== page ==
Harnessing the soul for the marketplace
The Soul At Work: From Alienation to Autonomy
by Franco “Bifo” Berardi
Translated by Francesca Cadel and Giussepina Mecchia (MIT Press, 2009)
A book review by Joshua Paetkau
The advent of digital technology has over- seen, perhaps, the greatest shift in the ergonomics of labour since the Industrial Revolution. In The Soul at Work, Franco “Bifo” Berardi presents a detailed philosophical and historical account of these effects.
Berardi, an Italian media theorist and activist who was part of a pirate radio project that challenged prime minister Berlusconi’s media regime, has a keen eye
and intricate knowledge of the changing dynamics of human labour in an increasingly digitized world. Central to his argument is the claim that the soul has been harnessed for the benefit of the capitalist marketplace.
The soul, Berardi explains, is the area of human existence involving language, creativity and affectivity. He con- tends that in the sphere of digital technology and cyberculture the mind, language and human emotions have become central areas of capitalist exploitation. The proliferation of subjectivities has come to play a large role in the global economy. Advertising has a part in this, in conjunction with a more general hyper-connection to the world of information. Berardi writes, “Attention is under siege everywhere. Not silence but uninterrupted noise, not the red desert but a cognitive space overcharged with nervous incentives to act; this is the alienation of our times.”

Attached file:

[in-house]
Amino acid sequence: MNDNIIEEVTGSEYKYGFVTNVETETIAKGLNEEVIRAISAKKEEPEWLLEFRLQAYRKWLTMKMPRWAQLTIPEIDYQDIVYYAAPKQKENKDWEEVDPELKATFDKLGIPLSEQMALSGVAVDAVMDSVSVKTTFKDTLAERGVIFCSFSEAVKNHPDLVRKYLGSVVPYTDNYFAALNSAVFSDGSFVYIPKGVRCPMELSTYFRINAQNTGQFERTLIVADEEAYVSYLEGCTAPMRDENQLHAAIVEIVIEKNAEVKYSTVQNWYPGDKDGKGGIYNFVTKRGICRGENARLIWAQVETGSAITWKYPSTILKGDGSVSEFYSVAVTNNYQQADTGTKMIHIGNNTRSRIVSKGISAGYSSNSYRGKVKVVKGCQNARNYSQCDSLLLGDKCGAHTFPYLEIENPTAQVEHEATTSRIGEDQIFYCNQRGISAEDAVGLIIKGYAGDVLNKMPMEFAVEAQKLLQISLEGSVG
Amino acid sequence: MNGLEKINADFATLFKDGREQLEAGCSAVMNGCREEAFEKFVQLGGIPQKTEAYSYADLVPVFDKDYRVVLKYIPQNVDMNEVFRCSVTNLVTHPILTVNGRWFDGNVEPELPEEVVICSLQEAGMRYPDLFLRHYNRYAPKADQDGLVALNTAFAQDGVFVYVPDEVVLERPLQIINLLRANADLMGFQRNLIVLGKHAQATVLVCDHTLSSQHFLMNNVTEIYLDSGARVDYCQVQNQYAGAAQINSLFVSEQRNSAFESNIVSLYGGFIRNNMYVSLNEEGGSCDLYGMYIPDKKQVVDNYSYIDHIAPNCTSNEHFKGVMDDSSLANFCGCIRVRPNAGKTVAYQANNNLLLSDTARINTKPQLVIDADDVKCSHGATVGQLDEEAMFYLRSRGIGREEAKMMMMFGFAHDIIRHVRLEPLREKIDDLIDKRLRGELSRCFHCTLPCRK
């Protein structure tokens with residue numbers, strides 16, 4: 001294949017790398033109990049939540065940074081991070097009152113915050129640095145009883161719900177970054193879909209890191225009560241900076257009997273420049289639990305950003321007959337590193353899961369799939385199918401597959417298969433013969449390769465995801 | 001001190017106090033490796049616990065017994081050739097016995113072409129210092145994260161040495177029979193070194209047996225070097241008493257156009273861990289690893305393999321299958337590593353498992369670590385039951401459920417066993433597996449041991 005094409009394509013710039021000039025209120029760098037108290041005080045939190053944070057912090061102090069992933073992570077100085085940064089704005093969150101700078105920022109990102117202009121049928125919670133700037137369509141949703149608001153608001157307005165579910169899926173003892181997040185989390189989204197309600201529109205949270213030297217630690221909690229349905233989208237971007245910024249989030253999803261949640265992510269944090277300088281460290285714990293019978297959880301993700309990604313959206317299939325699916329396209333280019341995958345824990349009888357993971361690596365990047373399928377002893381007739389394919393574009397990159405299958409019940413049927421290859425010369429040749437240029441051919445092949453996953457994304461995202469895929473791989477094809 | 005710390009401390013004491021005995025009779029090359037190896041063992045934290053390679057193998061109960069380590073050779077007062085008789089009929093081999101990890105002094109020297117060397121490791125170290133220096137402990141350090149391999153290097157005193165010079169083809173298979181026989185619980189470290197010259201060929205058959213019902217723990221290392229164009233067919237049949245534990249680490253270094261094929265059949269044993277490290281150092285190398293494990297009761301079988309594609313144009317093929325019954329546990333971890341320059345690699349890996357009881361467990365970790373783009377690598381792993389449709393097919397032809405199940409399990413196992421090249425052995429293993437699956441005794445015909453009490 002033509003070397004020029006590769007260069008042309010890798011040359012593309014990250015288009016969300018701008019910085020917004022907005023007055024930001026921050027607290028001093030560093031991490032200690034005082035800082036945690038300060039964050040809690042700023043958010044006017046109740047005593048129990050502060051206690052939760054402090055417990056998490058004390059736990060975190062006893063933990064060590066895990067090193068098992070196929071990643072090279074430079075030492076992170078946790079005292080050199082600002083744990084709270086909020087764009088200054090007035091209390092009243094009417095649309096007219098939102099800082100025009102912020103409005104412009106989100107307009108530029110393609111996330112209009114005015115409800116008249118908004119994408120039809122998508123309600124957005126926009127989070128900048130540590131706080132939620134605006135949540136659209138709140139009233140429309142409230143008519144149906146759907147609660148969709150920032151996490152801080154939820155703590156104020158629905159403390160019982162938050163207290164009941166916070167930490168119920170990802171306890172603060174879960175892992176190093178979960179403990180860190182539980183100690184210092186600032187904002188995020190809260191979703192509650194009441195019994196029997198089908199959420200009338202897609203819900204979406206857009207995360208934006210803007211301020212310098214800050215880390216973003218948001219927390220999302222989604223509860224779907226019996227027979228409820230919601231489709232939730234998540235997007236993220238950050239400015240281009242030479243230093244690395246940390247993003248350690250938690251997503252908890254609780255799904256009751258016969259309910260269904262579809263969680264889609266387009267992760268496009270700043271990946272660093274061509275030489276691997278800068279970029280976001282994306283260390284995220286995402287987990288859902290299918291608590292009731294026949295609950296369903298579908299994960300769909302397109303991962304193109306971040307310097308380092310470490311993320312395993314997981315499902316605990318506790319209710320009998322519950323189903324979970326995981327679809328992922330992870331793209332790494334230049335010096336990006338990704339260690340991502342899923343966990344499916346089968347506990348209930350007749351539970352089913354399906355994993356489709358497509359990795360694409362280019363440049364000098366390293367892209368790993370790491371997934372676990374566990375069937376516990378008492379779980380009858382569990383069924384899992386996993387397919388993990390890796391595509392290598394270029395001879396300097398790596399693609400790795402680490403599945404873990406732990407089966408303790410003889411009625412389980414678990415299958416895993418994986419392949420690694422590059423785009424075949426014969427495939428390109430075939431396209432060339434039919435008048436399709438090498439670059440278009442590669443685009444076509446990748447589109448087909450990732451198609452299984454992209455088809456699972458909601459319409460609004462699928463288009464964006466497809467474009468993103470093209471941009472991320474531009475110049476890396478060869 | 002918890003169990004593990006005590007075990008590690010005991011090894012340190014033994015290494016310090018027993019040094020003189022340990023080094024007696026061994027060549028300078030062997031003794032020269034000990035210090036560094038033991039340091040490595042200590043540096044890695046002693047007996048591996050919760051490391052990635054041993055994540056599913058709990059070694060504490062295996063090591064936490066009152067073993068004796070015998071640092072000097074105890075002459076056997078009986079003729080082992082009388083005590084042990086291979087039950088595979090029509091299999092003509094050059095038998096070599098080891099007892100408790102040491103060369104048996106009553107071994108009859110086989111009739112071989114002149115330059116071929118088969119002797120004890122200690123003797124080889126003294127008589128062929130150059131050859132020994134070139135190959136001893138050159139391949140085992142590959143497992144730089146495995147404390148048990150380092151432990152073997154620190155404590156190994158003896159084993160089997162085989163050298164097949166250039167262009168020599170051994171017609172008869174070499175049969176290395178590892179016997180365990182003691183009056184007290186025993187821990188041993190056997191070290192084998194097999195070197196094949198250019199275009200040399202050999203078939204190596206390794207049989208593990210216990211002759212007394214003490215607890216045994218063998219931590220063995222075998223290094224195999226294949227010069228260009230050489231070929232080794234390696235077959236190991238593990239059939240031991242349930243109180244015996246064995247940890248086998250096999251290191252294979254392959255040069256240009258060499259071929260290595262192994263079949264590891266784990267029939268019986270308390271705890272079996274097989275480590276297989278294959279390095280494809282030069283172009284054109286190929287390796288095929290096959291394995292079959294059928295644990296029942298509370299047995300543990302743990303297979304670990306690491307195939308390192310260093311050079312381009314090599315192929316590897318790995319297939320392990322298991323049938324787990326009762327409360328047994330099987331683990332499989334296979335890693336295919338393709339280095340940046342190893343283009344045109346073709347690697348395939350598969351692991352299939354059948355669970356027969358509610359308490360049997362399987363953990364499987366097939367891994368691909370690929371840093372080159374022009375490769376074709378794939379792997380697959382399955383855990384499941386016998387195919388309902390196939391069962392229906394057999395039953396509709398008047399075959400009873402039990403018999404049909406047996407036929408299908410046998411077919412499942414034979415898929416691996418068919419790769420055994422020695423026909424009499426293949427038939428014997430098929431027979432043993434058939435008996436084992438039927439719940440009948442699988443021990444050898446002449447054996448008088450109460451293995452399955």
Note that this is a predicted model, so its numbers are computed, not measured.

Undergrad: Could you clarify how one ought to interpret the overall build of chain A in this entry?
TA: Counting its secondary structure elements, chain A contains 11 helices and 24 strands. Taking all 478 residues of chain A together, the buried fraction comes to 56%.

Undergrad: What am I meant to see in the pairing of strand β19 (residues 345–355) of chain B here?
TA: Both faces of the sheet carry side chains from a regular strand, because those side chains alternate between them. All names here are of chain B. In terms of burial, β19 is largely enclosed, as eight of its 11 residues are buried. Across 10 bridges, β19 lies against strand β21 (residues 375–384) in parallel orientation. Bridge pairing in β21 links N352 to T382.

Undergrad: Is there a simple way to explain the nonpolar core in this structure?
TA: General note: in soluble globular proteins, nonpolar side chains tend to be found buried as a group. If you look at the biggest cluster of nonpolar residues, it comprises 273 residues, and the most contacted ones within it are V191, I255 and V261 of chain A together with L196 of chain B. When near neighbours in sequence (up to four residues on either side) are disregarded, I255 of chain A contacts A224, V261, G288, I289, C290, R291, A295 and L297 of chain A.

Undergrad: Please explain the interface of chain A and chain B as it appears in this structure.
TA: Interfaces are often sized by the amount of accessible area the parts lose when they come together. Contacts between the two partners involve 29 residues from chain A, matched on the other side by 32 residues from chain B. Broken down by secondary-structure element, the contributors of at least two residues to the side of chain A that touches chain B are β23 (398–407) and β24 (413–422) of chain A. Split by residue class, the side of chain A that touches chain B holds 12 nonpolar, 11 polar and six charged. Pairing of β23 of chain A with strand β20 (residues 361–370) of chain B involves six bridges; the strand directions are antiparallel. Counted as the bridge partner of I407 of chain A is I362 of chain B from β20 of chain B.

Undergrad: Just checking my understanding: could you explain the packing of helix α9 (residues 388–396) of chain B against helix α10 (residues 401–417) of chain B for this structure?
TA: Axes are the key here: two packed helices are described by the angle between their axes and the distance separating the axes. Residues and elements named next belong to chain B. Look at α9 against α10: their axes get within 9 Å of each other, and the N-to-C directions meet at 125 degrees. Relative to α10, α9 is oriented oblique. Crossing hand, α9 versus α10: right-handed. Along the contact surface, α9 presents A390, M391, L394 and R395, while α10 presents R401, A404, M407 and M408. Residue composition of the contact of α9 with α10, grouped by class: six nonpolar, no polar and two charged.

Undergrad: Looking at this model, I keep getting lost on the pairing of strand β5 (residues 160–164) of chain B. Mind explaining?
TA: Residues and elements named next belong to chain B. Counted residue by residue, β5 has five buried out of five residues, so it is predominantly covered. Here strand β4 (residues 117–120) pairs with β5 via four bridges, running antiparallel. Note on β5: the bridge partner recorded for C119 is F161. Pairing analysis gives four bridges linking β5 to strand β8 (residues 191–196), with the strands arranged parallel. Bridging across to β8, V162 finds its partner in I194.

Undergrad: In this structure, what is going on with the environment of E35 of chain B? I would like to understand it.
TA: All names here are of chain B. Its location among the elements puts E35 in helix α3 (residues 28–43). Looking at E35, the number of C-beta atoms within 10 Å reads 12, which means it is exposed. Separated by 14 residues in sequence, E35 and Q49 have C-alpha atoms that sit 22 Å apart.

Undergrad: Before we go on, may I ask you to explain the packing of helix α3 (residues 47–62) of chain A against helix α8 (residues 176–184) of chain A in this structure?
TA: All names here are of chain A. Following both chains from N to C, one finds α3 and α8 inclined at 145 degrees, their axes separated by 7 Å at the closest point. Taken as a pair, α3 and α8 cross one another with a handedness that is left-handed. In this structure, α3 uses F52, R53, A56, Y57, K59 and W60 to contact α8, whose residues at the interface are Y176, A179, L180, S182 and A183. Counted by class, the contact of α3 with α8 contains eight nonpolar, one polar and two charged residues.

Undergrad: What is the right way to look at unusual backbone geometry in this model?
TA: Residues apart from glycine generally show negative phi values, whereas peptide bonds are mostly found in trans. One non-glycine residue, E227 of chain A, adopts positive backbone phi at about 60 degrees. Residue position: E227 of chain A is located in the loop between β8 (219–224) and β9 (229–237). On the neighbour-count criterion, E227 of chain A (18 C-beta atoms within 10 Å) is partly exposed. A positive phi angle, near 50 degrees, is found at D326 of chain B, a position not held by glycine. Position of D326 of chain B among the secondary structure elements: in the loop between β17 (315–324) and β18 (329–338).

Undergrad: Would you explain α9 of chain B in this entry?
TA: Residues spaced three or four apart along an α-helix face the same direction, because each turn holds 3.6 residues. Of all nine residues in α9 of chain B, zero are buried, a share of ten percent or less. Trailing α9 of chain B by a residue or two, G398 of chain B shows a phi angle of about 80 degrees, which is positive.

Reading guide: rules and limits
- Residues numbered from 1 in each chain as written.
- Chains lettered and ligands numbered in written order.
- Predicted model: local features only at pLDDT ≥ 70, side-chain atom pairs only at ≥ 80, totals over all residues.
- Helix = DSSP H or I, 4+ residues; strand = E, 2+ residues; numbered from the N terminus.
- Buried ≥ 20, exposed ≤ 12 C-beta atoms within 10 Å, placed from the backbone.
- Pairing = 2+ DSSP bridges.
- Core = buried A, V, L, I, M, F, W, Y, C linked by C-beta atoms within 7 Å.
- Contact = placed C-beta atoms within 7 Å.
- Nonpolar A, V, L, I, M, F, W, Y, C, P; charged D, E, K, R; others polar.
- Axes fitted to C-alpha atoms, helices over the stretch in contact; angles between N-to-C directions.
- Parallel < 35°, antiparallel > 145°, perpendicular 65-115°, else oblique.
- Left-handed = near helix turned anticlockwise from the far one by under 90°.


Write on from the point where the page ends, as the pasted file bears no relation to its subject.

The alienation of our times is, in a sense, the erosion of human time. The time we spend with our loved ones, or contemplating the beauty of a work of art or the natural world. Even the time we spend learning a difficult subject or engaging in deep conversation. In a world driven by competition and accumulation we have become a species of increasingly anxious and obsessive creatures, isolated in our unhappiness, teetering on the brink of depression.
“Depression,” says Berardi, “is based on the hardening of one’s existential refrain, on its obsessive repetition.” The task at hand, he argues, is not to renormalize or bring the person back to their prior stability, but to “deterritorialize” and refocus the energy. A chemically-induced euphoria is unsustainable, whether in the individual or in society at large. What is wrong is not the depressed person, or even economic depression. What is wrong is a world wherein we constantly see others as opponents, where we are enjoined always to compete. This world lacks harmony, lacks beauty.
So, when Berardi proposes autonomy as the overcoming of alienation he seems to acknowledge a liturgical formativity. Informed by a tradition and practiced by a community, rhythms and rituals challenge, incompletely but with perseverance, the capitalist production of desire. Human desire is not innate; it is formed through our daily rituals and our rhythm of life. To challenge the bifold logic of competition and accumulation as the root of desire is the start of the long slow process of autonomy.